In the fifth of his blog posts on the Amazon Hope Medical Programme's mental health component, Programme Director Román Rodriguez talks about the concept of Community Health Agents and how they can support the physical and mental well-being of those living in isolated and vulnerable communities.
For decades, the Ministry of Health of Peru implemented a great idea to promote health in the country’s most remote communities: train some members of these communities in basic health care such as registration and referral of cases, how to maintain contact with health centres, how to take action in disease prevention and how to attend to certain types of emergencies and deliveries.
In remote places that are far away from formal health services, the role of these Community Health Agents has been crucial, especially during the times of the COVID-19 pandemic.
However, one aspect that needed to be addressed was mental health. In places where physical health services were very limited, mental health services were practically non-existent. That is why the Amazon Hope Medical Programme (PMEAP), in alliance with CEDRO and USAID, decided not only to provide psychological care to the communities, but also to train Community Health Agents to provide primary mental health care for people.
In this way, coordination began with the Loreto Regional Health Management to summon the agents and provide them with training on topics such as psychological warning signs, impulse control strategies, referral of cases, psychological first aid, and prevention of alcohol abuse.
It was also decided to train the staff of the health centres in these areas since these professionals had not received training on the relevant issues either.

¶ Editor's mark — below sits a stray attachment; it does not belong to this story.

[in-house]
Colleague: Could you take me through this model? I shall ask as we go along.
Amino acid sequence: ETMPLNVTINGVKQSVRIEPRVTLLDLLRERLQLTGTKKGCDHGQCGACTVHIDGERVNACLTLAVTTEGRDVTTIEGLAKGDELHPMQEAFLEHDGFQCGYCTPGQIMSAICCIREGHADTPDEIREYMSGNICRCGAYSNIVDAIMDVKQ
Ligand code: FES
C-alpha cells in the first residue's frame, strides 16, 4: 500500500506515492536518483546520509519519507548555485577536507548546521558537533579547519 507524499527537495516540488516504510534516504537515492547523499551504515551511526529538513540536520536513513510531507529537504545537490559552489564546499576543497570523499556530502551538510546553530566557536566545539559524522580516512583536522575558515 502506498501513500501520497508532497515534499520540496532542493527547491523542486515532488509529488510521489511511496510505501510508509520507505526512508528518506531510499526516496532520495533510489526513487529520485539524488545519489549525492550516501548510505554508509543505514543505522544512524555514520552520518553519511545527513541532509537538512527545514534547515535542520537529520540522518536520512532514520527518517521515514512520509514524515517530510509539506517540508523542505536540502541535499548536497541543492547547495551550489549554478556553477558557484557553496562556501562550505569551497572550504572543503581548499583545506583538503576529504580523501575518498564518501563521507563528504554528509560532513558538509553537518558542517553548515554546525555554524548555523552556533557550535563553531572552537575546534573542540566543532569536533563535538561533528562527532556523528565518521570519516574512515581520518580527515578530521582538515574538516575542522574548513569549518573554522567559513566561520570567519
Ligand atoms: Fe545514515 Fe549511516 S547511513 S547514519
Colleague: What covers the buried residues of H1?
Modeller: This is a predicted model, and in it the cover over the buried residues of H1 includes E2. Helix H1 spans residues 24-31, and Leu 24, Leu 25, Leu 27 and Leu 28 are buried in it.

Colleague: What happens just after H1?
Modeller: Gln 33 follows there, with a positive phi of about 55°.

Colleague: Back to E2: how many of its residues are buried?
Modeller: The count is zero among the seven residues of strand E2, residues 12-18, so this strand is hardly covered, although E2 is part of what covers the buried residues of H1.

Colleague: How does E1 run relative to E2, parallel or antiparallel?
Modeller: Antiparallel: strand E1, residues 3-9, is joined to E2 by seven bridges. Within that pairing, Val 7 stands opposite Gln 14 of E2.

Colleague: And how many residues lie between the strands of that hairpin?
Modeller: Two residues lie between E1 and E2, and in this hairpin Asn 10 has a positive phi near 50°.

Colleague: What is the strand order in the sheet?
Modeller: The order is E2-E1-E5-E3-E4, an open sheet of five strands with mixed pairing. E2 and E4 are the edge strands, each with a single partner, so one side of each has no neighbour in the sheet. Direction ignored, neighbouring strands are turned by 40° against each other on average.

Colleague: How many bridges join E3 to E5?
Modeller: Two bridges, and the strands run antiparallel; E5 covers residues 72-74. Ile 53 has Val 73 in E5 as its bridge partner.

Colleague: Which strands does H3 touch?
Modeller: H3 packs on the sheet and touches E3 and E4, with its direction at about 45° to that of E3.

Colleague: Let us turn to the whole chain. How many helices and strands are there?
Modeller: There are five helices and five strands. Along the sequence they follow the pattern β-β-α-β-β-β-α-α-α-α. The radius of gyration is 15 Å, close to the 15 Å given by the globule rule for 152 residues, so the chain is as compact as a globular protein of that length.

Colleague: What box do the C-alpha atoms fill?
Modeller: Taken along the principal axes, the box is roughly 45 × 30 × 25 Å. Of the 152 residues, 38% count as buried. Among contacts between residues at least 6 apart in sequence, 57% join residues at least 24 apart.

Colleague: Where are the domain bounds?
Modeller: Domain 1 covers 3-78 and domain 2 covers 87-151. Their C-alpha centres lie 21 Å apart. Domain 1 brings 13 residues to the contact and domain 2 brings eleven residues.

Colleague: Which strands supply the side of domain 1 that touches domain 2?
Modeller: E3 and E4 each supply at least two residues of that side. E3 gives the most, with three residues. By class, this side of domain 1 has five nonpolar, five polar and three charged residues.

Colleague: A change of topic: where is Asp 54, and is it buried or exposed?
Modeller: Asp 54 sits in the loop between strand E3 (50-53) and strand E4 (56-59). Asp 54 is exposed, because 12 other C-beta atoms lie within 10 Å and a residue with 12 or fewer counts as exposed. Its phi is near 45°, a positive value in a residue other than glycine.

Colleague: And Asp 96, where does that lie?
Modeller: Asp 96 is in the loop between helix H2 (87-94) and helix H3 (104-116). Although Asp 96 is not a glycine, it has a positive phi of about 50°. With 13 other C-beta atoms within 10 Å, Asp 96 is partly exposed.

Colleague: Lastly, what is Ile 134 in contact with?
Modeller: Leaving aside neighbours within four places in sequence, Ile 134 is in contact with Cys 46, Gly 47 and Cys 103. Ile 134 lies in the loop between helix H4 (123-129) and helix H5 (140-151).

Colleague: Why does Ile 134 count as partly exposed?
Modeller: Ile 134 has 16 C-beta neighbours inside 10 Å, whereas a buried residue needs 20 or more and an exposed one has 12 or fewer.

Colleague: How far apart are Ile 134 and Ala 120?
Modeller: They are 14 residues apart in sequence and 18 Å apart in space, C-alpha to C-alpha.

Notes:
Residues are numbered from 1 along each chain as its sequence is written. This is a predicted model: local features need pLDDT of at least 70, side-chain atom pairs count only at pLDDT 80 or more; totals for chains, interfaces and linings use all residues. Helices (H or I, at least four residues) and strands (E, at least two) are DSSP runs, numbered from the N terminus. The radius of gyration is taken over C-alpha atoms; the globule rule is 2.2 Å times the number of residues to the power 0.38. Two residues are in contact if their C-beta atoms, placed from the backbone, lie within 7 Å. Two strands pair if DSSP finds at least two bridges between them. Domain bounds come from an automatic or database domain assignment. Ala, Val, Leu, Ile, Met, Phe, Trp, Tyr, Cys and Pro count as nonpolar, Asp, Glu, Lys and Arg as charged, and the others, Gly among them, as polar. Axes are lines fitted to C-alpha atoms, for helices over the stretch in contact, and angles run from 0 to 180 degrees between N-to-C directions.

In this way, between 2021 and 2022, 181 people were trained in providing mental health support (123 community agents and 58 health centre professionals).
During these trainings, the community agents demonstrated important knowledge about the problems of their communities and a great desire to improve the living situation of the people who live there.
The fact that these agents didn’t have specialised higher education qualifications was not an impediment when it came to acting as leaders in the search for solutions to various problems that afflicted their family, friends and neighbours in the community.
Even with mental health issues, some already had experience providing emotional support and conflict resolution to loved ones without even knowing those technical terms. They did this guided by their experience, intuition, and desire to help.
These trainings provided them with tools to use in their communities. Unfortunately, the mental health project could not continue in 2023, so it was not possible to follow up on the actions in the communities or to train more agents.
However, this first experience marked the beginning of this type of activity and implementation of mental health support in the area, which we hope will soon be replicated by us, the state, or other organisations.
The PMEAP turned on the light of mental health support in the riverside communities of Loreto and we are sure that it will continue to be lit, on behalf of those who need it most.